Taking another step toward space travel for all, Virgin Galactic’s SpaceShipTwo lit its engine Monday, breaking the sound barrier high above California’s Mojave Air and Space port with billionaire Richard Branson on hand for the event.
“Today was the most significant day in the program,” Branson told NBC News. “I think that for those people who have been good enough to stick with us for the last eight years, who signed up early on, their time to become astronauts is very soon now … We’ll soon be able to make their dreams come true.”
Branson reportedly has 500 would-be space travelers signed up for the $200,000, two-hour flight that will include six minutes of weightlessness.
Confirming the flight and milestone accomplishment, Branson blogged:
“This is a momentous day and the single most important flight test to date for our Virgin Galactic program. What a feeling to be on the ground with all the team in Mojave to witness Virgin Galactic go faster than the speed of sound. It marks the moment when we put together two key elements of our spaceflight system – the spacecraft and its rocket motor, which have both been tested extensively by themselves over several years – and start the phase of testing that will demonstrate our vehicle’s ability to go to space (hopefully later this year).”
On board the first flight with paying passengers will be Virgin frequent fliers, allowed to trade miles for a ride in space.
[Photo credit -MarsScientific.com and Clay Center Observatory]
The world is one step closer to the era of space tourism after an historic flight in the Mojave desert yesterday.
Virgin Galactic’s spaceship Enterprise took its first solo flight, detaching from the mothership Eve and landing on its own power.
Enterprise can carry six passengers and two crew. The mothership Eve carries Enterprise up into the sky before the Enterprise detaches and ignites its rocket, shooting it above the atmosphere and into space, but not high enough to achieve orbit. The rocket was not fired on this test flight and no passengers were on board. The crew consisted of pilots Pete Siebold and Mike Alsbury, who flew for 25 minutes before landing.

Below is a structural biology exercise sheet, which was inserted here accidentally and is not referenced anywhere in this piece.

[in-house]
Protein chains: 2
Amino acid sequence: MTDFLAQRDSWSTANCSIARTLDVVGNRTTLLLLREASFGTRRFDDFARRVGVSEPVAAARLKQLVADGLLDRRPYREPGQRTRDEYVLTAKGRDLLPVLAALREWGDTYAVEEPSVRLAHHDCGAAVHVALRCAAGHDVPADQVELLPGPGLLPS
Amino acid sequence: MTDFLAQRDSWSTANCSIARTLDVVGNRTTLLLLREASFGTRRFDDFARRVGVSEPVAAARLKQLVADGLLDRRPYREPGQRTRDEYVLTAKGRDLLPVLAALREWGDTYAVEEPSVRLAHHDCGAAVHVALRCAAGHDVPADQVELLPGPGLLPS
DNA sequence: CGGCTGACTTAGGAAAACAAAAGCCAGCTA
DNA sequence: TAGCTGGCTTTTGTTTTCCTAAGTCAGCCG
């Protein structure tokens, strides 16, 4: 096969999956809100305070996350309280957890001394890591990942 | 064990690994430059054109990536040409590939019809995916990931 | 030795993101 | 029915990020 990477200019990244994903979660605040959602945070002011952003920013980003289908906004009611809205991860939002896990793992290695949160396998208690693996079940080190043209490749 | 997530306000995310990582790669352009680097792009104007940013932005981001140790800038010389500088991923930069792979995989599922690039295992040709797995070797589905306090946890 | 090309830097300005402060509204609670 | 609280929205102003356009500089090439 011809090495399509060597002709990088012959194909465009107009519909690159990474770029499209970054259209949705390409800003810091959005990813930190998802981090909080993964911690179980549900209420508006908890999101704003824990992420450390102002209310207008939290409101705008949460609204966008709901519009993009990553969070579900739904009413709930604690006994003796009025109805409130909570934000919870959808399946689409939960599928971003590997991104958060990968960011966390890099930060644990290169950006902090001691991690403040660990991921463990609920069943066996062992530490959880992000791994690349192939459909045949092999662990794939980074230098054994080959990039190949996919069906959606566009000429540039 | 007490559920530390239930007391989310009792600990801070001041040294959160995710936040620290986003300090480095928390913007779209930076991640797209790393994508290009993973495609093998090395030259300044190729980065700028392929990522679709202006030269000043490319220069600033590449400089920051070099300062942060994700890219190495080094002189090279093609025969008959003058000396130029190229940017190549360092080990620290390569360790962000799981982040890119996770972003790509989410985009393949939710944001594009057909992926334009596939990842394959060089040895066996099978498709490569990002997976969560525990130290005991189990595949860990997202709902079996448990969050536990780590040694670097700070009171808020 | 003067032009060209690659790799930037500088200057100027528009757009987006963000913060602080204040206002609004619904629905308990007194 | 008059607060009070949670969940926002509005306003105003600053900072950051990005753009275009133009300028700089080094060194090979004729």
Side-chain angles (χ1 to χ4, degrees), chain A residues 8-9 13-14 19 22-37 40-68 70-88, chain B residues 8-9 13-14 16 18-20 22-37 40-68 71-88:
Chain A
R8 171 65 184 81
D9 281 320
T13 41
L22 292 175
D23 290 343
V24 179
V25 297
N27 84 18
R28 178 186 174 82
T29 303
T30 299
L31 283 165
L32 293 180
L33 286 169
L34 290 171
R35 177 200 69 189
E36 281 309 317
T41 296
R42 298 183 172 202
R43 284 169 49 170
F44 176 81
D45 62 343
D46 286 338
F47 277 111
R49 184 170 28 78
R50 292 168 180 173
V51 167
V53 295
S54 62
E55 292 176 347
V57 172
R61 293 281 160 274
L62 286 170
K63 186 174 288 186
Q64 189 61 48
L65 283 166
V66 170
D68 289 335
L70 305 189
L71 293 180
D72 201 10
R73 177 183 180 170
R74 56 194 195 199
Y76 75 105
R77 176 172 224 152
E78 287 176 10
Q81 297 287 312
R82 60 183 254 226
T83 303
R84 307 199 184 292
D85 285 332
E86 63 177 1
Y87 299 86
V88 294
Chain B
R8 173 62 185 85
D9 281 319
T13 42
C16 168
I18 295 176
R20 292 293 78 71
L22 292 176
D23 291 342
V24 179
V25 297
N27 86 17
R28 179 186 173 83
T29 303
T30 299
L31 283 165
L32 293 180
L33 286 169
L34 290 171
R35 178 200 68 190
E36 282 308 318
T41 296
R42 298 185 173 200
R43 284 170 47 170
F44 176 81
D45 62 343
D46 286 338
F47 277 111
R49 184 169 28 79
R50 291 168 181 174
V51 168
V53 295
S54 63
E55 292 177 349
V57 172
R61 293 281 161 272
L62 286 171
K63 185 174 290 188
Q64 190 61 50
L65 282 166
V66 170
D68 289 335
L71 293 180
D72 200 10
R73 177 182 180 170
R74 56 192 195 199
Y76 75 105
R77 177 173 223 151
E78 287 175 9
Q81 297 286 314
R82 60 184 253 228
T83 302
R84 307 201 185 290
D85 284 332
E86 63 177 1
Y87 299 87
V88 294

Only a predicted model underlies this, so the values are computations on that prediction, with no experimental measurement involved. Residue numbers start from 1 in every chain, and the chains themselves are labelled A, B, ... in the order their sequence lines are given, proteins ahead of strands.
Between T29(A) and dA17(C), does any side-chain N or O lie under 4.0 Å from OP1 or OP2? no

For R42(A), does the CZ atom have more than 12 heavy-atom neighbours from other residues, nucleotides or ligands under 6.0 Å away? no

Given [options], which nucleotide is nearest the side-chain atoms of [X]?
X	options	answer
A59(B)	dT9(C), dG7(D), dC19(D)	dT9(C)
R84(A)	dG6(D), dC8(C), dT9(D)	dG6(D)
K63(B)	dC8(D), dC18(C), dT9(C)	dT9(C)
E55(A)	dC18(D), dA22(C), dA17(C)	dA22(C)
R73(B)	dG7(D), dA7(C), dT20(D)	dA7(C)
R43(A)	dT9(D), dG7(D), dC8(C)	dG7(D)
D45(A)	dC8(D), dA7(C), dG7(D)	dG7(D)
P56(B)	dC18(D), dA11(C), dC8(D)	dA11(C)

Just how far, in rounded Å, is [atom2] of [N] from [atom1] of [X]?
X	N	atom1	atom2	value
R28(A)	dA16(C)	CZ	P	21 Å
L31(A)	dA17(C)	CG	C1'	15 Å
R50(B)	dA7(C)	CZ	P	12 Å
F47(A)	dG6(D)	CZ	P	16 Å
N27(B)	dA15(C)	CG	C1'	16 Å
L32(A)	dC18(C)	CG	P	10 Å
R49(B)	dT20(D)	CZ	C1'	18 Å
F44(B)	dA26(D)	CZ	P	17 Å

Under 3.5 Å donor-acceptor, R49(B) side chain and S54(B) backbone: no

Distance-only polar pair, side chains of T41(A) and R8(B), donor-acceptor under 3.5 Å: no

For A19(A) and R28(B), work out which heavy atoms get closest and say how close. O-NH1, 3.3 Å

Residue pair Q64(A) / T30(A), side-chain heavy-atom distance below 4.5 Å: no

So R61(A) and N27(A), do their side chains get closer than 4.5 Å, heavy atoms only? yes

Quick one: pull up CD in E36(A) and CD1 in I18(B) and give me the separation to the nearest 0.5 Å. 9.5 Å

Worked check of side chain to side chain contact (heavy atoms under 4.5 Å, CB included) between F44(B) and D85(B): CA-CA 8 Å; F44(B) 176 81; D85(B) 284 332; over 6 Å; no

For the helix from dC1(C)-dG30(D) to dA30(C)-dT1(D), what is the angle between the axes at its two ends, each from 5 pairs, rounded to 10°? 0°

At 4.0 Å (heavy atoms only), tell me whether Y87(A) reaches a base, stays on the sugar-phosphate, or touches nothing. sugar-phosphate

More than three hundred people have already signed up to take a suborbital ride on the Enterprise once it becomes operational. Rides cost $200,000 each and are scheduled to start in about eighteen months.
The British owner of Virgin, Sir Richard Branson, watched the test. The success of the operation came as good news after Virgin Galactic’s financial difficulties.
Would you fly into space if you had the money? Tell us what you think in the comments section!
It was just 4 months ago when the Gadling team visited the Mojave Desert space port to witness the unveiling of the VSS Enterprise – the actual Virgin Galactic plane that will be flying paying guests into space on the first commercial space flight service.
Yesterday was another huge milestone for the team – they took the VSS Enterprise for its first “captive carry flight”. This flight involved flying the mothership and the spaceship, without disconnecting. In future flight tests, they’ll fly both craft, and let the spaceship glide back to earth.
Tests will continue well into 2011, prior to the start of actual commercial space operations. The starting price for tickets is $200,000, with a minimum deposit of $20,000.
Virgin Galactic continues its march toward bringing space tourism to the (wealthy) masses and is reportedly putting the finishing touches on SpaceShipTwo, the vehicle that will take adventurous, and well heeled, travelers into sub-orbit. According to this story from the Telegraph, test flights are scheduled to begin in early 2010, with regular flights getting underway in 2012.
SpaceShipTwo is the second stage of a planned orbital delivery system. The first stage, dubbed WhiteKnightTwo, has been conducting test flights for a year, and will carry the smaller craft up to 50,000 feet. Upon reaching that altitude, SpaceShipTwo will detach and engage its own rocket engines, which will propel its passengers up to the edge of space at speeds exceeding Mach 3. Once there, the rockets will cut out, and those on board will have the opportunity to experience true weightlessness for s a brief time.
According to Virgin Galactic, more than 300 people have already payed the $200,000 ticket price to take the flight. Presumably that will include luggage fees that are all the rage with the airlines these days. Another 82,000 have expressed interest in taking future flights as well.
It appears that 2012 will be a milestone year for space tourism, as that is when the first space hotel is scheduled to open its doors too. Of course, the combined cost of hopping a flight on Virgin Galactic and spending a few days in that hotel will set you back a cool $4.6 million, but the view will be spectacular.